March 20, 1996: Jury finds Erik and Lyle Menendez guilty of first-degree murder

Lyle and Erik Menendez, sons of a successful Cuban-American business executive, were convicted March 20, 1996, of first-degree murder for the shotgun killings of their parents. The murders occurred Aug. 20, 1989 in Beverly Hills. The police did not suspect the brothers until Eric confessed to his psychiatrist, who told the police. On Dec. 8, 1992, the Menendez brothers were indicted by the Los Angeles County grand jury on charges that they murdered their parents.

The Menendez brothers and the murder of their parents became a national sensation when the Court TV broadcast the trial in 1993. The younger brother's defense attorney alleged that the brothers were driven to murder by a lifetime of abuse from their parents, including sexual abuse from their father. The trial ended in two deadlocked juries. (Although the brothers were tried together, each had a separate jury.) After a less publicized second trial, both brothers were convicted of two counts of first-degree murder plus conspiracy to commit murder.

They were sentenced to life in prison without the possibility of parole. Under the terms of the sentences for their multiple crimes, the brothers are expected to spend the remainder of their lives in prison.

March 19, 1931: Gambling legalized in the state of Nevada

Gambling was legalized in Nevada in 1931 at the Pair-O-Dice Club, the first casino to open on Highway 91, the future Las Vegas Strip. Gov. Fred Balzar signed the bill legalizing gambling. Gambling forms the backbone of Nevada's economy.

The Supreme Court issued a favorable decision in 1987 allowing Native American tribes to build casinos on tribal lands. Because Indian tribes are considered sovereign nations, they are exempt from state laws banning gambling and are regulated under federal law. Currently, 16 states allow noncommercial casinos in some form, and 31 states have legalized gambling in the form of a lottery.

March 18, 2005: Terri Schiavo's feeding tube disconnected at husband's request

Terri Schiavo, 41, was institutionalized for 15 years in a persistent vegetative state after suffering brain damage and was dependent on a feeding tube. Her case fueled a worldwide debate on euthanasia and generated extensive national and international media coverage.

In 1998, her husband and guardian petitioned a Florida court to remove her feeding tube. Her parents opposed this, arguing she was conscious. Schiavo had not left anything in writing expressing her wishes if she became incapacitated, but the court determined that she would not wish to continue life-prolonging measures. The case drew national attention and rallied activists on both sides of the right-to-die debate. Before the court's decision was carried out March 18, 2005, the federal government and the Florida legislature passed laws that sought, unsuccessfully, to prevent removal of Schiavo's feeding tube.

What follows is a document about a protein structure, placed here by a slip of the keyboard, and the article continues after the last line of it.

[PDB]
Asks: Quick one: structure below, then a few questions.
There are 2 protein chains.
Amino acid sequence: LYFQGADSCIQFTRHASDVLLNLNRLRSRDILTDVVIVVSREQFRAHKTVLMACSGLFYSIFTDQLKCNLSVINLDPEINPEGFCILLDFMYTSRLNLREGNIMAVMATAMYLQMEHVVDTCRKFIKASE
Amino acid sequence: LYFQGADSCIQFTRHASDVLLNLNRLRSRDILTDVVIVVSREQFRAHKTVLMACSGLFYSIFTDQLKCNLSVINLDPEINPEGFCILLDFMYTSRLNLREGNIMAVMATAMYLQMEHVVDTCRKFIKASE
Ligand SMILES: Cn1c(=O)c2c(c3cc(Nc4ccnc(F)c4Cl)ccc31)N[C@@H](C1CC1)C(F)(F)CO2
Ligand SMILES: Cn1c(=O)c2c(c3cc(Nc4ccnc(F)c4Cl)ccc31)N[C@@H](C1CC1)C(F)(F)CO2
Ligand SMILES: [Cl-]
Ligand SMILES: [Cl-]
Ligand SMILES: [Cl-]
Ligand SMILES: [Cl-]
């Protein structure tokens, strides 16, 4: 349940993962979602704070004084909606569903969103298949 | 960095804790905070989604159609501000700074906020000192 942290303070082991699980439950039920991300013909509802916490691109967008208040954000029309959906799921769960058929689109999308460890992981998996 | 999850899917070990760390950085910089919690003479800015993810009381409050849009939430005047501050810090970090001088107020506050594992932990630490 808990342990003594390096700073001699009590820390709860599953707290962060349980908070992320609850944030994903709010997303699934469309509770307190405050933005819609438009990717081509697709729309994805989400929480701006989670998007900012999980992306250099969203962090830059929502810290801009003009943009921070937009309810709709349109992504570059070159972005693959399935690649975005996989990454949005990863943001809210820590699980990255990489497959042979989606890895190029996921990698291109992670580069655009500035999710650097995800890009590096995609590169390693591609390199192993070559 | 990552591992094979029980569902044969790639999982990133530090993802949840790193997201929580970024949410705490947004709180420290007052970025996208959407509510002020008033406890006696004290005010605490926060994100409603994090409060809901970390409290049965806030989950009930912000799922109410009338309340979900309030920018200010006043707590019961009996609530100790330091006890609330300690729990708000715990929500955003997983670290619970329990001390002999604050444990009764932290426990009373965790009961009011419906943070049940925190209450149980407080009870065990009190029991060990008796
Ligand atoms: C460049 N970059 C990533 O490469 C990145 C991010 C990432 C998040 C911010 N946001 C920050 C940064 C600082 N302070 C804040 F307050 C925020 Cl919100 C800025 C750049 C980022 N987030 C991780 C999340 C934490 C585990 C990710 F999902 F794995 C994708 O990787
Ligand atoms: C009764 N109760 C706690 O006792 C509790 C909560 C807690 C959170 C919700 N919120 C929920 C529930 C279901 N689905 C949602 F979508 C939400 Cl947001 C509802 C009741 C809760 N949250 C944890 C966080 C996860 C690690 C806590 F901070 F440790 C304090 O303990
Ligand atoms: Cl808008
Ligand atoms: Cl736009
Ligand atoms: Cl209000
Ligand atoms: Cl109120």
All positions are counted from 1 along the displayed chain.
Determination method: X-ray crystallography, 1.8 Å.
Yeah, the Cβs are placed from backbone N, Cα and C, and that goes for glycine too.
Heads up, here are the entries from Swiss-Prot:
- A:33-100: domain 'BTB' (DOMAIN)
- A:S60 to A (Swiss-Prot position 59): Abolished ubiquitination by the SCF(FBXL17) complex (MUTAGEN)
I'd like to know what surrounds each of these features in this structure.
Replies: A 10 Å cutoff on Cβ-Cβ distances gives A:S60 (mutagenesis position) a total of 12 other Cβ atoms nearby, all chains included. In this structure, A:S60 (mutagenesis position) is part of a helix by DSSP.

March 17, 1970: Army charges 14 officers with suppressing information related to My Lai massacre

In March 1968, Army soldiers murdered as many as 500 civilians, mostly women and children, in the village of My Lai, South Vietnam. The incident, exposed in 1969, prompted widespread outrage around the world and reduced U.S. support at home for the Vietnam War.

The Army initially investigated 14 low-ranking officers and enlisted men for war crimes. On March 17, 1970, the Army charged them with suppressing information related to the incident. Most of the charges were later dropped. Ultimately, only five participants were court-martialed. After a 10-month trial, in which he claimed he was following orders from his commanding officer, 2nd Lt. William Calley was convicted of premeditated murder for ordering the shootings. He was initially sentenced to life in prison. Two days later, however, President Nixon made the controversial decision to release Calley from prison, pending appeal of his sentence.

In a separate trial, Capt. Medina, Calley's commanding officer, denied giving the orders that led to the massacre. He was acquitted of all charges. When the My Lai massacre was exposed, most of the enlisted men involved in the events were no longer in the military and were exempt from prosecution. In the end, of the 26 men initially charged, Calley was the only one convicted.

March 16, 1995: Mississippi ratifies 13th Amendment

The 13th Amendment to the Constitution abolished slavery and was officially ratified in 1865 by the necessary three-quarters of the states. Mississippi refused to ratify the amendment because the state would not be reimbursed for the value of freed slaves. Its most recent ratification occurred in 1995 in Mississippi, which was the last of the 36 states in existence in 1865 to ratify it.